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Like the modulars themselves, an upcoming documentary on these analog synth beasts has been lurking behind closed doors. But that won’t be the case for long. “I Dream of Wires,” the crowd-funded documentary that probes artists’ fascination with making music by connecting patch cords, will see a public showcase at Montreal’s MUTEK Festival. This and an upcoming film release, atop a big get-together in New York, could make this a proper summer of modular.

In anticipation of their showcase, MUTEK has released two significant excerpts from the film. One talks to Carl Craig, Detroit techno legend, top. Craig describes how this tech has influenced his music, and what inspired him to look at modulars. The other clip – true to MUTEK’s Canadian home base and the origin country of the film itself – looks at Canada’s contribution to electronic music history. Detroit’s place in techno certainly needs no introduction, but it’s about time Canada got its role in synthesis recognized (below), having given the world pioneer Hugh Le Caine and the University of Toronto Electronic Music Lab, among other highlights. This excerpt turns the clock forward to modern-day synth goodness. We’re of course happy to know of a certain digital synth designed in Canada, but here the modular Renaissance gets the spotlight. As the film creators explain:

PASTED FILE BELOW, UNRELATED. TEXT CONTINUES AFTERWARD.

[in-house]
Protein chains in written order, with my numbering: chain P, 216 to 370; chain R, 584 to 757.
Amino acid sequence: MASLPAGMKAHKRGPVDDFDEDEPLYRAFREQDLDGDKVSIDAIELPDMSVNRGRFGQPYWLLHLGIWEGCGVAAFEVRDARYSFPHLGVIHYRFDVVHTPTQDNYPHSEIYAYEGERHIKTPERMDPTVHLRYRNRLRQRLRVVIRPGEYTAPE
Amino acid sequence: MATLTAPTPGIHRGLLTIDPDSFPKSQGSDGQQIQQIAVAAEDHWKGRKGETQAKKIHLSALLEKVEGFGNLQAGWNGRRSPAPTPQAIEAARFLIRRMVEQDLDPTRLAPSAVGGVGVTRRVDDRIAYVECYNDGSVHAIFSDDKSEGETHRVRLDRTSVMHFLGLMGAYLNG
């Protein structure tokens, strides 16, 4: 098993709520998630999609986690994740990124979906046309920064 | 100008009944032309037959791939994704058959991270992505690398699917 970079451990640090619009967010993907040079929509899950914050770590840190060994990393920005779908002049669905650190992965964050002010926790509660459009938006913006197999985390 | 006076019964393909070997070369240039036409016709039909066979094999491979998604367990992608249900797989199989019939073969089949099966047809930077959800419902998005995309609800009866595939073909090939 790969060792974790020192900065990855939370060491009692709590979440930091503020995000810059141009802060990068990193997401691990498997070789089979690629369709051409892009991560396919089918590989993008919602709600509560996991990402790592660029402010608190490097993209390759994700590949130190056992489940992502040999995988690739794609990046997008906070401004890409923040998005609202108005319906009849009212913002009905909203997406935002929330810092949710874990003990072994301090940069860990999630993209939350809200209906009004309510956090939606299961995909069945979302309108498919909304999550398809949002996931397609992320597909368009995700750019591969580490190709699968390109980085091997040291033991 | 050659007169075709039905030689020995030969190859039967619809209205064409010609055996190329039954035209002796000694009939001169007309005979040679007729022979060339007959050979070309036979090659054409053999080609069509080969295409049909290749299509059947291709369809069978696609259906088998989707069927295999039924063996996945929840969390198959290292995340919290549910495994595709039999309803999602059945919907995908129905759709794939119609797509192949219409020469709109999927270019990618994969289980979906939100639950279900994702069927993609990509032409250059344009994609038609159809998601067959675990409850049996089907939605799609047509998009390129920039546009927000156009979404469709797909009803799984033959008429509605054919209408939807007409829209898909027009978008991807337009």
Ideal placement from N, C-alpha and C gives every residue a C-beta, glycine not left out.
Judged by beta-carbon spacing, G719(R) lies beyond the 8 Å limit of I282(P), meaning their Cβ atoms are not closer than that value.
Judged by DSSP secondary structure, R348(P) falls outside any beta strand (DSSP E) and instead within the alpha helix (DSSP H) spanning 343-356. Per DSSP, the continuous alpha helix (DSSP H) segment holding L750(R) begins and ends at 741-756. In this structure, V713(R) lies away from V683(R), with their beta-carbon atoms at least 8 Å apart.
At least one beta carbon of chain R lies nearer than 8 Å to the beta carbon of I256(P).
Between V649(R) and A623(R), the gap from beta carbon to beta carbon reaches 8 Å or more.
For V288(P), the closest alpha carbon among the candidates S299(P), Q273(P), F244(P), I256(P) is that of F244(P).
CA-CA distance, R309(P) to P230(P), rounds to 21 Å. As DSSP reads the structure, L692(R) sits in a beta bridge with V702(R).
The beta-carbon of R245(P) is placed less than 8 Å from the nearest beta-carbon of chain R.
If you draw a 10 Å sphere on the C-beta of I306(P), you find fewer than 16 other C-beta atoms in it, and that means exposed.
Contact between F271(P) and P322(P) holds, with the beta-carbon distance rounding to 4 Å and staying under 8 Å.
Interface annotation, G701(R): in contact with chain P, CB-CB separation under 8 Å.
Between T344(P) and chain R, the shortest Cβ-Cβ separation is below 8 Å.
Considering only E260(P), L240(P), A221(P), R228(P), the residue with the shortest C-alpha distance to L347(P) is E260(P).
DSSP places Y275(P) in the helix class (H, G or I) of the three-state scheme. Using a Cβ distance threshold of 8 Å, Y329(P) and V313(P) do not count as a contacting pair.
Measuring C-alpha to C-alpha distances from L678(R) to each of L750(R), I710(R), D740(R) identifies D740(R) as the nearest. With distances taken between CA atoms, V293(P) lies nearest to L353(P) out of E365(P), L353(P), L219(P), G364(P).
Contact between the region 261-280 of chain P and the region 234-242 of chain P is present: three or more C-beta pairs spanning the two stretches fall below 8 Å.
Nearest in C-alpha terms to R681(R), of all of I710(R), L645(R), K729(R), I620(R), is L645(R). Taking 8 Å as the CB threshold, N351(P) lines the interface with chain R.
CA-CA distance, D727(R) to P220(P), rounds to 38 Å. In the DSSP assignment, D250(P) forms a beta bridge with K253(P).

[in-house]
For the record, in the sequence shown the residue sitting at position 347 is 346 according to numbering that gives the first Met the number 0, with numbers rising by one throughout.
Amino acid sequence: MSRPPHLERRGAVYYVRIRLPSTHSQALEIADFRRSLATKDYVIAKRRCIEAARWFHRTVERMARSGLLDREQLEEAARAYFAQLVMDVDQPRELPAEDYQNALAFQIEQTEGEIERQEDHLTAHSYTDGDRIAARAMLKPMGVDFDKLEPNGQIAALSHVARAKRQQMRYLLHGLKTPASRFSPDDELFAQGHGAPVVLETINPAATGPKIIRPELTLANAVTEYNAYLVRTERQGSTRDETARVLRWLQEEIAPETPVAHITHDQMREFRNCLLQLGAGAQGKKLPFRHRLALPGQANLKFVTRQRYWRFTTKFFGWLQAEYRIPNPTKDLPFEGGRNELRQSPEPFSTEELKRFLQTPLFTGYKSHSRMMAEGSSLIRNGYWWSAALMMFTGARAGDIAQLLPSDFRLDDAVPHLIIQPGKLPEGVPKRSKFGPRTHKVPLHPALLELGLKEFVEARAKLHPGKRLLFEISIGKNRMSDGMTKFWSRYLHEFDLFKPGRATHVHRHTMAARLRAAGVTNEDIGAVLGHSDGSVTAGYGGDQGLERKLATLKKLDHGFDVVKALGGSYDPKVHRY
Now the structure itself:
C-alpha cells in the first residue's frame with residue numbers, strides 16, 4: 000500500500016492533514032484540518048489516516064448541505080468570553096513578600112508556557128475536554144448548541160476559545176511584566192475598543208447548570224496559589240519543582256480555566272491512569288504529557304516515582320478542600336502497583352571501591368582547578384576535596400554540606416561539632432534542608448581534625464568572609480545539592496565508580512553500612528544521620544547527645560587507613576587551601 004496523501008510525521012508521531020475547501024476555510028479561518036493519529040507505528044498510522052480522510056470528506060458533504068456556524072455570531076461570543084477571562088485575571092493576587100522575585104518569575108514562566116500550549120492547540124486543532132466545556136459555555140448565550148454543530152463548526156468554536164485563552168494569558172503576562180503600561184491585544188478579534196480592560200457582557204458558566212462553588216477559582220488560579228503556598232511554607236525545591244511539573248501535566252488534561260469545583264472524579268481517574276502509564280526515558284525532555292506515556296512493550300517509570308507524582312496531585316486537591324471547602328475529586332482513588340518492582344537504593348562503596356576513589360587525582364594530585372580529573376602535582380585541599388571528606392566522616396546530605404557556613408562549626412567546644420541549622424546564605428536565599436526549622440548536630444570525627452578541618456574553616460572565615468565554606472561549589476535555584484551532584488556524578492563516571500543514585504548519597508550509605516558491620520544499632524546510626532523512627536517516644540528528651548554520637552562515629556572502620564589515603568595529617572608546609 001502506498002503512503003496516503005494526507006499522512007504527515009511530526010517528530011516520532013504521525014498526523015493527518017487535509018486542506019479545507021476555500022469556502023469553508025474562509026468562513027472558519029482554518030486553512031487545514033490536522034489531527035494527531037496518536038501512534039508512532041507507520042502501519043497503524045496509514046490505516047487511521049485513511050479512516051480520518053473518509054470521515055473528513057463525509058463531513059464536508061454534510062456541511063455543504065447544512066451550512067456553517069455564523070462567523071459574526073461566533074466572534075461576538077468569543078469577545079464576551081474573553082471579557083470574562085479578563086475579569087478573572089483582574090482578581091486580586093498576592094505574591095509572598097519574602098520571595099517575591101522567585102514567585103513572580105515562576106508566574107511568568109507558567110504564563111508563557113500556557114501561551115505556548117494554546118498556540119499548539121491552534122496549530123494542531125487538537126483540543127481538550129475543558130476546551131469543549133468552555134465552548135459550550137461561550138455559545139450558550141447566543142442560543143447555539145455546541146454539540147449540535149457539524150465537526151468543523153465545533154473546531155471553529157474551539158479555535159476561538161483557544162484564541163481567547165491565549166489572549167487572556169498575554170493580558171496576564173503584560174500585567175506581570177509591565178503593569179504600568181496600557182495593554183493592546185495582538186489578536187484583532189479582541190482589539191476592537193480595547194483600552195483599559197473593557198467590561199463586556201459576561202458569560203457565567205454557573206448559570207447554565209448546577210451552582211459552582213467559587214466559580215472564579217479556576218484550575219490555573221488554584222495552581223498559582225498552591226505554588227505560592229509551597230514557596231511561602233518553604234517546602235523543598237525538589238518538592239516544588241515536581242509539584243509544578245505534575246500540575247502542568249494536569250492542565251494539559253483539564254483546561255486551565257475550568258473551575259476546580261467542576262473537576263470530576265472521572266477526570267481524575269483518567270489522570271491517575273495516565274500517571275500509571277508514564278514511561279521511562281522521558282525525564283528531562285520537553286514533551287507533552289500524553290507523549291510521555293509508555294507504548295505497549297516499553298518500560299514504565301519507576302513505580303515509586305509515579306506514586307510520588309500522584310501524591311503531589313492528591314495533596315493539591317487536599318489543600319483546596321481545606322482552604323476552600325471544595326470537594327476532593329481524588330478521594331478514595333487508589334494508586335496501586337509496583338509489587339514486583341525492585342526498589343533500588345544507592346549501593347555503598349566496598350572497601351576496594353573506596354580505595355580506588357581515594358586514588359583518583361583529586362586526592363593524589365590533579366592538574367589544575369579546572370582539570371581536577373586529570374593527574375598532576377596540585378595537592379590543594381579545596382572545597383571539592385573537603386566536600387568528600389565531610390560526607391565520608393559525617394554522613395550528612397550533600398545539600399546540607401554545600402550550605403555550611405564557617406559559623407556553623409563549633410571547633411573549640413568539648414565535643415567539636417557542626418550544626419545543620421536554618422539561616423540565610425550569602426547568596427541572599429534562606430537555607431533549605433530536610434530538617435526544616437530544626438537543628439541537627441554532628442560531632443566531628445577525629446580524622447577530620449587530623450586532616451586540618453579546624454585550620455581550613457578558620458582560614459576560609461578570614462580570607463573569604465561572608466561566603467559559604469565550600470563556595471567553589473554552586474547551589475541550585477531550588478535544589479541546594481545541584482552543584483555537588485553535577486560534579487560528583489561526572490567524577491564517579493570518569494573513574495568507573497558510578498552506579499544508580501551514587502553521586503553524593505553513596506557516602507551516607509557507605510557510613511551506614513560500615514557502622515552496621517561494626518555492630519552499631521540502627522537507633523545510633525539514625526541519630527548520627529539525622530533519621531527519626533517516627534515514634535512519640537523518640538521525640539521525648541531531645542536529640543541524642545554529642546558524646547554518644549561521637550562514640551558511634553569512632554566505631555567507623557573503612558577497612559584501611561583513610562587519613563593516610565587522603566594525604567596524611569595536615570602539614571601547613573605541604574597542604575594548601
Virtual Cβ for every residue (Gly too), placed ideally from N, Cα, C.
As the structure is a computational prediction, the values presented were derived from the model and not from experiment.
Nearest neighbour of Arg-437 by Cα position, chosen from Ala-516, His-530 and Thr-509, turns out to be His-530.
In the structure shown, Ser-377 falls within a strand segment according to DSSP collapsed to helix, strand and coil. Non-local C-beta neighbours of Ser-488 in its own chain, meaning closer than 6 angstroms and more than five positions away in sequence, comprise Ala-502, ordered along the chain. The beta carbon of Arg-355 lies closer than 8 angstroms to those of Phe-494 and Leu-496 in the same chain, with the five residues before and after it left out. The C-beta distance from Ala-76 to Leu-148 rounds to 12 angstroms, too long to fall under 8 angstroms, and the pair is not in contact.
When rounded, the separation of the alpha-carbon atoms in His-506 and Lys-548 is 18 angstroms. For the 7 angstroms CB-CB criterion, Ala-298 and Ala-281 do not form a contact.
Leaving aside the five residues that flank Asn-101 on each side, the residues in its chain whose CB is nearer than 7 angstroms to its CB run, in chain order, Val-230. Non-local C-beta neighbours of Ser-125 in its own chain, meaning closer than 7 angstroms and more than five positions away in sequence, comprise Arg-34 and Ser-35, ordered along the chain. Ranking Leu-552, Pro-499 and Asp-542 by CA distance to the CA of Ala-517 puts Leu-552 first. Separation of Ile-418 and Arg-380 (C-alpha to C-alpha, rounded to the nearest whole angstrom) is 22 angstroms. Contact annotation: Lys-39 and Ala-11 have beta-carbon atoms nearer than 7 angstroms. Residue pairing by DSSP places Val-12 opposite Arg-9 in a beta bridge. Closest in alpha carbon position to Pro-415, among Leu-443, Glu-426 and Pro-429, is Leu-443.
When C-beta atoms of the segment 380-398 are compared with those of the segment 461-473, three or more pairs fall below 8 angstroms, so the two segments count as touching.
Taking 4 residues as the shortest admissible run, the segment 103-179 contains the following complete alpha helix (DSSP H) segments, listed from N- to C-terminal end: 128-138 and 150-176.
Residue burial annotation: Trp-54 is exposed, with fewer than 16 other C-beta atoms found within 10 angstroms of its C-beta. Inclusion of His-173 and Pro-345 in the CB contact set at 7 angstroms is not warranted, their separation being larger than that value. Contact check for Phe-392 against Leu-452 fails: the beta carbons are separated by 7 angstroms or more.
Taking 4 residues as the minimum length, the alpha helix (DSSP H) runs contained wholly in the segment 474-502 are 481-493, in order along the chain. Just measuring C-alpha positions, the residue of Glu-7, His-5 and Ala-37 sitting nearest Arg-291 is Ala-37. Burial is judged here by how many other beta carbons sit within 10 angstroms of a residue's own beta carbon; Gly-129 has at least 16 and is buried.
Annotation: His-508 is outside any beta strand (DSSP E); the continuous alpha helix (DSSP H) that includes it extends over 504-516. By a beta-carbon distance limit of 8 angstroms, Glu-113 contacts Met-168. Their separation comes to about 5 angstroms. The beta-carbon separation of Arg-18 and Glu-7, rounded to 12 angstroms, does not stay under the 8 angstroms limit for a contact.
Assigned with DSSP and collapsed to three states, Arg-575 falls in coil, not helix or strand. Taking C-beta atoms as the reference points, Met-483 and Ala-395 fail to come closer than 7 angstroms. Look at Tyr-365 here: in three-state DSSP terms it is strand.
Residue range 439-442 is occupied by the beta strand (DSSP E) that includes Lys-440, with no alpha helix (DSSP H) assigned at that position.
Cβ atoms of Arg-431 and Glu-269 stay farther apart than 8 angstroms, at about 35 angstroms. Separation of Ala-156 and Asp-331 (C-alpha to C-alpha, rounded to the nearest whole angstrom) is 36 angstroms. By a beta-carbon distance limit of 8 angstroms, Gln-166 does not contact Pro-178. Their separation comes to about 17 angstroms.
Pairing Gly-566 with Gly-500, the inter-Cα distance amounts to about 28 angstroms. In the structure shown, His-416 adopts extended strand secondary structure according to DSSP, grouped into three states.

Recently, Canada has again come to play a significant role with the modern day resurgence of modular synthesizers; it is home to two highly respected manufacturers: Modcan, founded by Toronto’s Bruce Duncan, was the first company to reintroduce modular synthesizers to the post-MIDI marketplace, and Intellijel, founded by Vancouver’s Danjel Van Tijn, is one of the fastest growing and most respected lines of Eurorack synthesizer modules.

The MUTEK showcase will include live modular performances by Sealey/Greenspan/Lanza (Orphx/Junior Boys), Keith Fullerton Whitman (Kranky/Editions Mego), Solvent (Ghostly International/Suction Records), Clark (Warp Records), and Container (Spectrum Spools).

The film itself is a production of director Robert Fantinatto and Jason Amm (aka Ghostly International recording artist Solvent); Solvent is also composing the musical score. This isn’t simply a history of electronic music; instead, it focuses on the modern revival of the instruments. (The history is a subject of a future film, but we’ll let them finish this one first.)

It’s worth saying that modular synths aren’t all pleasure – they bring some pain, too. That’s why it’s worth watching the interviews excerpted in the November promo for the film. In that piece, even as they sing the praises of modular analog’s joys, musicians talk about challenges ranging from live performance setup to tuning. It’s impossible to understand the love for these instruments without grasping some of their idiosyncrasies. In the earlier clip, you see everyone from builder Lori Napoleon to pioneer and custodion of electronic music history Joel Chadabe to composers like the late Richard Lainhart and the legendary Morton Subotnick, as well as builders and the film’s own Solvent.